Coin Chest Puzzle by OSKAR

Discussion in 'My Shapeways Order Arrived' started by Oskar_van_Deventer, May 8, 2016.

  1. Oskar_van_Deventer
    Oskar_van_Deventer Well-Known Member
    Hi Shapeways fans,

    Coin Chest Puzzle is a shape-mod suggested by David Tzur. The idea was to turn an Oskar's Treasure Chest into a piggy bank by making a slot in the center. The first prototype was a failure. It had only a slot in the center, but the slot was too small to pass even the smallest of coins. The second prototype had a big slot, big enough to pass a 2-euro coin. Unfortunately, such a big slot interferes with the inner mechanism that holds the puzzle together. The slot had to be extended into two of the corner pieces. As a consequence, a 2-euro coin can only be passed when those two corners are in place next to the center slot. Smaller coins pass without a problem.

    So now people can get value into the puzzle without needing to solve it first. The question in my YouTube video is how much value you can push through the slot into the puzzle. I do not have an exact answer, but I guess it is over a billion dollar according to one calculation.

    Watch the YouTube video.
    Buy the extra pieces puzzle at my Shapeways Shop.
    Read more at the Twisty Puzzles Forum.
    Check out the photos below.


  2. drloris
    drloris Well-Known Member
    Hi OSKAR.

    Going from the link you provide, the puzzle is a cube of 58mm across. I estimate that the spherical cavity is 50mm across at most (actually I'm sure it's rather less). Therefore the volume is around 65.5 cm^3.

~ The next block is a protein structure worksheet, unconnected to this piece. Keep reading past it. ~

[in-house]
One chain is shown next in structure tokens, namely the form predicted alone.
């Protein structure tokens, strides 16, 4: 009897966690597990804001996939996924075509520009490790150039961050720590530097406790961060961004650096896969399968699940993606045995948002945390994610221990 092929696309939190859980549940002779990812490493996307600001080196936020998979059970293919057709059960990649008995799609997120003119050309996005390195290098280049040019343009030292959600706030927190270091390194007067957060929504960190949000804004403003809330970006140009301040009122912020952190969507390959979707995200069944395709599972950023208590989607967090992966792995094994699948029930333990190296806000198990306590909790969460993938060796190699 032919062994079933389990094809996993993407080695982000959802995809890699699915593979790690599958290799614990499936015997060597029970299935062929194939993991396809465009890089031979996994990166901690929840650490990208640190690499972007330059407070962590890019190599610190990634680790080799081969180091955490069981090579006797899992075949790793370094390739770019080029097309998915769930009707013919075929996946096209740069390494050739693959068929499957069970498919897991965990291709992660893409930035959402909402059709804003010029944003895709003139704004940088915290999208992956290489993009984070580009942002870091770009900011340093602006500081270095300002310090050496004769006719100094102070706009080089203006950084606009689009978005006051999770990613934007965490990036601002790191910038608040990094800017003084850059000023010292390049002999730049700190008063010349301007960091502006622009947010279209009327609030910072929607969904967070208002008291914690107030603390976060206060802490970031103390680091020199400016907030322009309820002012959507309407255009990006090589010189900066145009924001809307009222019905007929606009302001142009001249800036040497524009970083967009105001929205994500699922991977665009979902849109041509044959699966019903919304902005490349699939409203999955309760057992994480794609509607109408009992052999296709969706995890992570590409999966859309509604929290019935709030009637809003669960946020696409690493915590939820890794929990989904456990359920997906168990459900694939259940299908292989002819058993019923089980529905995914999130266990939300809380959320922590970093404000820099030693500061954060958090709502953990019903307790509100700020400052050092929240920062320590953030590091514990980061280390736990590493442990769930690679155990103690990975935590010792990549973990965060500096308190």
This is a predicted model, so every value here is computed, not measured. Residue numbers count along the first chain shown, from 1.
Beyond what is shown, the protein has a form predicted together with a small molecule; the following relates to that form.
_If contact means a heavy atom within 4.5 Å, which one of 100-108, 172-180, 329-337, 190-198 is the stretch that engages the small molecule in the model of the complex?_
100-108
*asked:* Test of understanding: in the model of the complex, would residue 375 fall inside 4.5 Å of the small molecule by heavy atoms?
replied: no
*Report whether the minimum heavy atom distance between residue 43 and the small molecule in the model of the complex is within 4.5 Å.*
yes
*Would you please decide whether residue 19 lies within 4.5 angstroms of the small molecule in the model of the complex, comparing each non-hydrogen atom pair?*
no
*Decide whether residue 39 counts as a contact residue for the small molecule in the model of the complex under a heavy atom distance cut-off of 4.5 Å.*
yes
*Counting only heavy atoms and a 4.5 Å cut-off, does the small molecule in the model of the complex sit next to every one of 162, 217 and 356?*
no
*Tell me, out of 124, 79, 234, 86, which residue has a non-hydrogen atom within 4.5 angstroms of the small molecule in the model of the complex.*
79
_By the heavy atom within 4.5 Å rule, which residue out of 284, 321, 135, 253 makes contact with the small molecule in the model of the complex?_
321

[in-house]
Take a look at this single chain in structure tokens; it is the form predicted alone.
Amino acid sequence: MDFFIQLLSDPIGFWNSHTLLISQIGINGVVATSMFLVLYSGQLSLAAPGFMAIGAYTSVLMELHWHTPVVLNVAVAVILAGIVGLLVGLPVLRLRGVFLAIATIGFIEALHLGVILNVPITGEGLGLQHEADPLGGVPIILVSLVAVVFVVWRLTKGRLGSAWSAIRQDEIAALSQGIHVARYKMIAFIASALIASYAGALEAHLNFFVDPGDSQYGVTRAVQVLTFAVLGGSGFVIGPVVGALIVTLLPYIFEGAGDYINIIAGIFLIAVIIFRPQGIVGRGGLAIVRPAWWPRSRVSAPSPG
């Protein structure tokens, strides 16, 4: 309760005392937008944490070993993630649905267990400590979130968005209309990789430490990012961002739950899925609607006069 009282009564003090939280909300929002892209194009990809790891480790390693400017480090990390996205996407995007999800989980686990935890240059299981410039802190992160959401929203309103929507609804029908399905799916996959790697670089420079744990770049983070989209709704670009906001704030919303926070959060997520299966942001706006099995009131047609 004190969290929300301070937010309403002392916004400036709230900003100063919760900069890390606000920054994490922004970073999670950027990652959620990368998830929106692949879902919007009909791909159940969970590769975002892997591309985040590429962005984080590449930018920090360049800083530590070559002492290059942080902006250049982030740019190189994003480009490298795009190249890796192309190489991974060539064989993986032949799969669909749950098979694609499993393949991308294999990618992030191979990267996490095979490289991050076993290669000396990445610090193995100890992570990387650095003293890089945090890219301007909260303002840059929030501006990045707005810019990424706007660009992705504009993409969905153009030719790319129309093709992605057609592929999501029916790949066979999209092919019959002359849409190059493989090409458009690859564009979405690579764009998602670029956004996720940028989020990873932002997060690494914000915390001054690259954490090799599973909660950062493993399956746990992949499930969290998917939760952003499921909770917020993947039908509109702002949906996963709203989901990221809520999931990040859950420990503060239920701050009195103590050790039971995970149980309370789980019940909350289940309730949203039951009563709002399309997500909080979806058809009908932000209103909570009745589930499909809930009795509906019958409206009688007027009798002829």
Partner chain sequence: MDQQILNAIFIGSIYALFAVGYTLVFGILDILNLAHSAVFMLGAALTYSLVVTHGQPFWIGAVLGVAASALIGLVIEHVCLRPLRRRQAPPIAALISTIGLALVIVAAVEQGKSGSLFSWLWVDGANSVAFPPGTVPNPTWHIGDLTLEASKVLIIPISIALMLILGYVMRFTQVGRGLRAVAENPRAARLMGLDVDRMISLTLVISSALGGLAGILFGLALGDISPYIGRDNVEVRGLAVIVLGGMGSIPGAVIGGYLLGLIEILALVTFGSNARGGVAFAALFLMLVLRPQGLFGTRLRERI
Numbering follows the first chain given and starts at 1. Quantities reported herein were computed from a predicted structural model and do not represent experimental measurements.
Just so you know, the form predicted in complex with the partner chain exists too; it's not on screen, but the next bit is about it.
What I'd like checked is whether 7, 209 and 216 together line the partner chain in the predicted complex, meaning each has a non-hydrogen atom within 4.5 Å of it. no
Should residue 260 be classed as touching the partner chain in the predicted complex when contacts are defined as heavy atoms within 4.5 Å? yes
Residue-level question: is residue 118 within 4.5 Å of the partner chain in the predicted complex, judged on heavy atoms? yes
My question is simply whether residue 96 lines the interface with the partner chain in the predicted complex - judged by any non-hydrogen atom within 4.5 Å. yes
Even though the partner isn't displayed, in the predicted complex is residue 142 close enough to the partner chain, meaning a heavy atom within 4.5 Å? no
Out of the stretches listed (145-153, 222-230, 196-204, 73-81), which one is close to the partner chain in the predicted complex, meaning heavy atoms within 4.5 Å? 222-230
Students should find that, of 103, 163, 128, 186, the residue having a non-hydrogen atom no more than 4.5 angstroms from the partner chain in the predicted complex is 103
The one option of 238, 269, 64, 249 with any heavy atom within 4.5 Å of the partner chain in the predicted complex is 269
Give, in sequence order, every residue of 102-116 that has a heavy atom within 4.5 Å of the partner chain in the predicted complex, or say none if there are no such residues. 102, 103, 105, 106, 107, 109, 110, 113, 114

The most expensive material shapeways supply is platinum.
    The cost of shapeways platinum is 1750 per cm^3 (excluding per-part charge), so naively one could fill the puzzle with a sphere costing only about $114,000. Now, athough this won't fit through the slot, one could divide it into small, flat objects which would. This can also increase the cost a little from the per-part charge. The smallest platinum part shapeways will print is 2.4 × 2.4 × 0.6 mm, so one could divide this sphere into 18938 pieces, for an additional cost of $1893800, giving a total of approx $2,008,000, or two meeellion dollars.

    Now, I suspect that you're now considering the prospect of manufacturing such a puzzle, composed of 18938 tiny pieces, perhaps for multi-millionaires with plenty of time on their hands.
    However, I'm sorry to say that this falls rather short of your target of one beellion dollars. 3D printing is clearly not suitable for this project.
    Last edited: May 9, 2016
  3. mkroeker
    mkroeker Well-Known Member
    Suspect the billion guy cheated by using banknotes, small diamonds (too lazy to check if tiny ones would even be expensive enough), the world supply of Blue Mauritius stamps or even a folded Vermeer to honor shapeways' origins.
  4. Oskar_van_Deventer
    Oskar_van_Deventer Well-Known Member
    That is a funny idea, given that 3D-printed platinum is even more expensive (valuable) than the raw material, and that you can drive the cost up by making an order as inefficient as possible. Your way of thinking is quite out-of-the-box and opposite to how most people look at Shapeways. Thank you!